By Benjamin Katzeff Silberstein*
(FPRI) — North Korea’s latest ICBM test—conducted on July 28—was not as big of a shock as the one preceding it. The message North Korea sent with its initial test on July 4 was loud and clear: the country can hit the United States mainland with its missiles, and perhaps soon with nuclear weapons. The second missile launch primarily served to drive home that point, and to do it with a vengeance. The missile North Korea launched in the late evening hours of Friday, July 28 reached an altitude of 3.7 kilometers and flew 998 kilometers, metrics that Pyongyang claims shows its ability to hit the entire territory of the United States. On Tuesday, August 1, evidence surfaced that North Korea may have carried out another test of a submarine-launched ballistic missile (SLBM) during the preceding weekend, proving the mobility of its missile-launching capabilities.
North Korea’s ICBM capacities means that when it threatens to annihilate its enemies for various reasons (as Pyongyang does from time to time), these words carry force. But overall, it does not change the strategic environment very much. It has long been known that North Korea’s ICBM- and nuclear-capacities are advanced, and as U.S. officials have pointed out, for the past few years, it has only been a matter of time before North Korea displays these capacities in a credible way.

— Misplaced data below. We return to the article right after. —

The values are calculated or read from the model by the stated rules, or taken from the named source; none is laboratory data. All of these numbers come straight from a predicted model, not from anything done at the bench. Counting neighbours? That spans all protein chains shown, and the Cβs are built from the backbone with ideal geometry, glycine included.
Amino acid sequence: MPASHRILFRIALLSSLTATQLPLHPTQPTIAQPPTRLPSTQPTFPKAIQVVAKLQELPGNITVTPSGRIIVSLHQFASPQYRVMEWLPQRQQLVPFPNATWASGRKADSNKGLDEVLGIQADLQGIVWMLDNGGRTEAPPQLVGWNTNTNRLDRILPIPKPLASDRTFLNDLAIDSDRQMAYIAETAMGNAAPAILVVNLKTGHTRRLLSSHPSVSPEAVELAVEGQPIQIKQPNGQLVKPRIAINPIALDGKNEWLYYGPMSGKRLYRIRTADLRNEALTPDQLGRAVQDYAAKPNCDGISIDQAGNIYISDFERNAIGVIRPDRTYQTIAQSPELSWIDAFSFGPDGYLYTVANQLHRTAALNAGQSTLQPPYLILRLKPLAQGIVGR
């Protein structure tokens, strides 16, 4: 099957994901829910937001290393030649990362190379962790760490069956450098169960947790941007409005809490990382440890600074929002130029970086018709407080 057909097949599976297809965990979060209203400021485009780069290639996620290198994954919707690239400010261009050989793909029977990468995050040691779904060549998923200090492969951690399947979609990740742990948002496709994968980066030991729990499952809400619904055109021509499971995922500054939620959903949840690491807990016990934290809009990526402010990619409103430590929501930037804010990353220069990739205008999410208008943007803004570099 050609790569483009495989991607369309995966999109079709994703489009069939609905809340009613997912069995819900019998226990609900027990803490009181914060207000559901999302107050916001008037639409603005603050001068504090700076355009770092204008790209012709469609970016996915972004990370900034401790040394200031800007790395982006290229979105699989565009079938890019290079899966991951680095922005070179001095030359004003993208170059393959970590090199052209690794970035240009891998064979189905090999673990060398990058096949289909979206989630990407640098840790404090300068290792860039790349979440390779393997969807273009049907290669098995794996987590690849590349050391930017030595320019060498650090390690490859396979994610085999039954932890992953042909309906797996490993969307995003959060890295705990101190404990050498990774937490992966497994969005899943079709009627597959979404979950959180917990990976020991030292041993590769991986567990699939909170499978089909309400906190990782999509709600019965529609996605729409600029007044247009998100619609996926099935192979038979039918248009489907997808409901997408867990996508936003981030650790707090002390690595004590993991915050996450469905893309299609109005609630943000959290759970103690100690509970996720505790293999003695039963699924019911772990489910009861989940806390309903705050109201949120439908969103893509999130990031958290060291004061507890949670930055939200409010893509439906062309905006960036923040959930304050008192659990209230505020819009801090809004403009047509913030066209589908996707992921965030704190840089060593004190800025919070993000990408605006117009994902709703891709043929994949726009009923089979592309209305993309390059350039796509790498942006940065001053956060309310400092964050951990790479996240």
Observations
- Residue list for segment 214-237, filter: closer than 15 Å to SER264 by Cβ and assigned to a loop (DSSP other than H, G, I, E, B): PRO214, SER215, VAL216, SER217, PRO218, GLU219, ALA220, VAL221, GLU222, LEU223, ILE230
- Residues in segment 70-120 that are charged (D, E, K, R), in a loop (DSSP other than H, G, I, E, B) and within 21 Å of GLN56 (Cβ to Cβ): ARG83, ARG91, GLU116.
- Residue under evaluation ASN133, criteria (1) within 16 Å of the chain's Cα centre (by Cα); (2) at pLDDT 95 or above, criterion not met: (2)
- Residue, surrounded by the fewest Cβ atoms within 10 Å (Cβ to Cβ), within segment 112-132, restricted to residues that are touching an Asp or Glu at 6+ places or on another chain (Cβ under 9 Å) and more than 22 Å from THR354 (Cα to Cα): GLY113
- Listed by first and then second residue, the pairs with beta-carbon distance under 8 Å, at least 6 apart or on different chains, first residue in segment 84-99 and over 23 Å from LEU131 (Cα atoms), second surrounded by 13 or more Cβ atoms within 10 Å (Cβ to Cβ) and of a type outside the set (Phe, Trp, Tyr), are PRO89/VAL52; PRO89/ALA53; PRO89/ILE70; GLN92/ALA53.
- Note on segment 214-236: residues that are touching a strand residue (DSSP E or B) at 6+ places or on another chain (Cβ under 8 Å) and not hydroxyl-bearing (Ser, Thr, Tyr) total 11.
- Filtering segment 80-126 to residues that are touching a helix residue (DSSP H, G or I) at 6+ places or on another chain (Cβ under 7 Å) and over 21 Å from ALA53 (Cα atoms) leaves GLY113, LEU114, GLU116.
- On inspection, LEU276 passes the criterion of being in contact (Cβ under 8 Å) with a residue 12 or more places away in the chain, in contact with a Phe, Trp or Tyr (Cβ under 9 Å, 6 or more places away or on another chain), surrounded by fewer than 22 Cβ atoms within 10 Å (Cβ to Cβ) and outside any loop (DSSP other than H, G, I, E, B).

In fact, one of the most important implications from the ICBM-test came from South Korea. When South Korean President Moon Jae-in vowed in the day after the test to deploy more interceptor missile launchers for the country’s controversial anti-missile defense system, Terminal High Altitude Area Defense, more commonly known by its acronym, THAAD, it was a radical turnaround from his previous positions. North Korea had probably hoped to drive a wedge between the U.S. and South Korea through its missile tests and other provocations in the months following the election of a left-leaning government in South Korea. As of now, it looks like those ambitions have failed.
Only a few weeks ago, this outcome seemed far from certain. Moon is a leftist politician, and his skepticism of THAAD’s deployment is well known. Donald Trump calling on South Korea to pay hefty amounts for the system earlier this year also did not help. The South Korean left has historically been wary of too much U.S. influence and presence in the country, and the left in South Korea has long favored cooperation, exchange, and negotiation with North Korea over sanctions.